Natan Birman Manoim
Programmers, you are next.
Updated: May 18, 2020
First, they took the phone operators. But I didn’t care because I wasn’t a phone operator. Then, they came for bank tellers. But I didn’t mind, because ATM’s were ridiculously more convenient. Next, they eliminated the taxi drivers, hotel workers, translators, logo makers, and the lawyers. But it was perfectly ok, because I was working for them as a developer. When they told me that programmers weren’t needed anymore, there was no one left to speak out for me. Or, none of this happened because in 2020 I became aware and made my elected officials act.
It is fair to assume that it won’t be long before the profession of programming, as we currently know it, will be irrelevant. There might be something that will be called programming, but it will take a completely different shape. And surely there will be entirely new and exciting fields in computer science, but the craft of code-writing as we currently learn it will be gone. Think about it; Programming is just another “production” step between the product and its owners. One of the fundamental laws of economics is that in market competition, with each wave of innovation that spurs new markets with multiple competitors, it is accompanied by a race of “operational effectiveness.” This race is intended to bring down operational costs, increase margins, and gain a lead over competitors by automating production steps. Thus making these steps cheaper and more effective. Even if internet-based products are not here for that long so we could experience the trend, they are also a product of another form of production. In the production of physical products and technologies, we see clearly how human-packed assembly lines turned into much less crowded machine-based factories, which eventually will be replaced by giant 3D printers.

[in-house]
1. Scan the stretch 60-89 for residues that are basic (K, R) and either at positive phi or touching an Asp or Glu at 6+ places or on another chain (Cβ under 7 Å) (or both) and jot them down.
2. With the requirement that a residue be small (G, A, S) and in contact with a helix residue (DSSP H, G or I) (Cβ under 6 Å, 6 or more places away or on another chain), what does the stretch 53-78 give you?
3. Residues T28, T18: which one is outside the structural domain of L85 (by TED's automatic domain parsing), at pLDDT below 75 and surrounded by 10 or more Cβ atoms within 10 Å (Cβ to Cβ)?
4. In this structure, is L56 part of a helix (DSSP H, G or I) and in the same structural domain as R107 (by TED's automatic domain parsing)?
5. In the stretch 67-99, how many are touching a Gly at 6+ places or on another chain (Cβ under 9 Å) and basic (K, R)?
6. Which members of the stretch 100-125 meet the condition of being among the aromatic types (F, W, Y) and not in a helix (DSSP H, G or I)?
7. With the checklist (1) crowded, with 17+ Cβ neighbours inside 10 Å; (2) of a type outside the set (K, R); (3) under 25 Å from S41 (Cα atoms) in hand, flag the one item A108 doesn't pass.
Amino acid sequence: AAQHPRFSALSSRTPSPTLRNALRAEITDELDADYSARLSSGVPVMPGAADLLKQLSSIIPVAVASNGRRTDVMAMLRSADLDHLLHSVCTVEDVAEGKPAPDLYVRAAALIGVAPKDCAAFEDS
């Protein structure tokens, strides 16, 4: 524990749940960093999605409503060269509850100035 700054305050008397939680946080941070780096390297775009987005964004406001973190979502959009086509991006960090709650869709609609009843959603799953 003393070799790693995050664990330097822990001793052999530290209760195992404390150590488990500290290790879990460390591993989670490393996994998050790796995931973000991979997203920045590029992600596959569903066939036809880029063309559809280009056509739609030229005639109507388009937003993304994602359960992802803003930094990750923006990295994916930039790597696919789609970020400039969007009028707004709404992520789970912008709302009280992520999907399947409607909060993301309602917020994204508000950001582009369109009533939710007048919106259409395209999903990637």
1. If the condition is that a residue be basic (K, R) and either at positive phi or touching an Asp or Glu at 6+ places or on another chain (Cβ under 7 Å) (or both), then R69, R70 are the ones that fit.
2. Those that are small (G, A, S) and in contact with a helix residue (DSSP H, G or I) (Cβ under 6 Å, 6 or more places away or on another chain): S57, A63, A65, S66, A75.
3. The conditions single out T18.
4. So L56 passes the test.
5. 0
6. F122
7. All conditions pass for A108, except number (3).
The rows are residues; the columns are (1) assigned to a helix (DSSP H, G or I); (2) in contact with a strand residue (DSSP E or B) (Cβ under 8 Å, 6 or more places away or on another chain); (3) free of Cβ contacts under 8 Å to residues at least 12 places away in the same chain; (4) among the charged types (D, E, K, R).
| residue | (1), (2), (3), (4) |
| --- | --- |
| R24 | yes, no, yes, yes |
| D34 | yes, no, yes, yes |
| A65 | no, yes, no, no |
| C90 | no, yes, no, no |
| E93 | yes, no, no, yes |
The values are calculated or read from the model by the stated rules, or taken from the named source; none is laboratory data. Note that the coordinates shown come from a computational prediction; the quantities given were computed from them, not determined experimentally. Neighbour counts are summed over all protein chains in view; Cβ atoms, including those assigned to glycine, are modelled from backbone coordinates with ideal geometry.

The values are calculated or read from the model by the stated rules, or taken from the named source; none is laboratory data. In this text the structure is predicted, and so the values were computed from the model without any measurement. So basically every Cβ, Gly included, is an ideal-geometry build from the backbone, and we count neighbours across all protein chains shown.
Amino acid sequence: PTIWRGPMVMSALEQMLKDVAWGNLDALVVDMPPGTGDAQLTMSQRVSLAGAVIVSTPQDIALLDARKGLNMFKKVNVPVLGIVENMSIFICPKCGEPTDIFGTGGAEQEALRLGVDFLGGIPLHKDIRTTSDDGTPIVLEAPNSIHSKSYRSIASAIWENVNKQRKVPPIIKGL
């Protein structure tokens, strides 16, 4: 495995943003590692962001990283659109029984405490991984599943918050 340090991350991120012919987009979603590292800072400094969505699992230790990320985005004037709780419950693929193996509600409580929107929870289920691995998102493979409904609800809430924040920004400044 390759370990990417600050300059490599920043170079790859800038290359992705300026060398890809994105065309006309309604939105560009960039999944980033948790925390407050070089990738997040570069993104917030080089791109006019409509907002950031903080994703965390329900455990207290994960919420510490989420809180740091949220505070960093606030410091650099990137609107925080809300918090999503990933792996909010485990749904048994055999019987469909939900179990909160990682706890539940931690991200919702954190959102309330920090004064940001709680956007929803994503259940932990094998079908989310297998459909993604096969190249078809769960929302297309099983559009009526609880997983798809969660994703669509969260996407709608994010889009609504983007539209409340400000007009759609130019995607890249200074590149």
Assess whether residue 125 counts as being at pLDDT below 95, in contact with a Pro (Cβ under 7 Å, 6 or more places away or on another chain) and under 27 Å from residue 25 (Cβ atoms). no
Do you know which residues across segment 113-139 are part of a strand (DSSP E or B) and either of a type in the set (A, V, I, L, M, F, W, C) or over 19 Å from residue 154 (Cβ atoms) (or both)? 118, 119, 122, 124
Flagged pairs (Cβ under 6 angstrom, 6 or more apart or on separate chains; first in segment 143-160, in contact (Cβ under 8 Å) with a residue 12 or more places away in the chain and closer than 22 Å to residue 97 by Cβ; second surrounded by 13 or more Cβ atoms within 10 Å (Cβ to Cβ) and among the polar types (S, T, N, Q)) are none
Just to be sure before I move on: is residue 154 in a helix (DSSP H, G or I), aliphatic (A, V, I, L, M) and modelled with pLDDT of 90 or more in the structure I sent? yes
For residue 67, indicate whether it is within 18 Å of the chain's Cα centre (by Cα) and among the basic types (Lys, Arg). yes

Of course, I’m not suggesting that the entire process will be automated. There is a consensus forming between “AI philosophists” that although RPA and AI will be very effective at executing technical tasks, there will be no real replacement for deep rule-breaking creativity, which reconstructs paradigms. And naturally, all form of computer science requires creativity to some extent. Current innovation already recognizes this. But the directions in which ongoing AI efforts are directed are clear, and it means that sooner or later, we’ll have a mass of middle-aged programmers that will have a face a significant shift in the employment market without the appropriate tools to adapt.
I’m not a professional programmer. And candidly, this is not a cry to preserve this craft. I’m just using that to highlight a much bigger and more urgent problem that will affect our parents, our loved ones, and maybe even us.
It is time to accept what Heraclitus already understood 2500 years ago; “The only constant is change.”
Our collective knowledge as a society is an immensely exponential ever-evolving material, which operates on a kind of Moor’s law. We, as a human race, want it that way. Knowledge is what drives all forms of progress; Ideological, scientific, and technological. Knowledge, with capital K, is what allows us to understand the universe around us better while steadily increasing our prosperity. Knowledge is the most prominent eliminator of suffering, which is life’s primary objective in both Western and Eastern mainstream philosophy. And for the individual, gaining knowledge brings wisdom, which is the strongest driver of social mobility.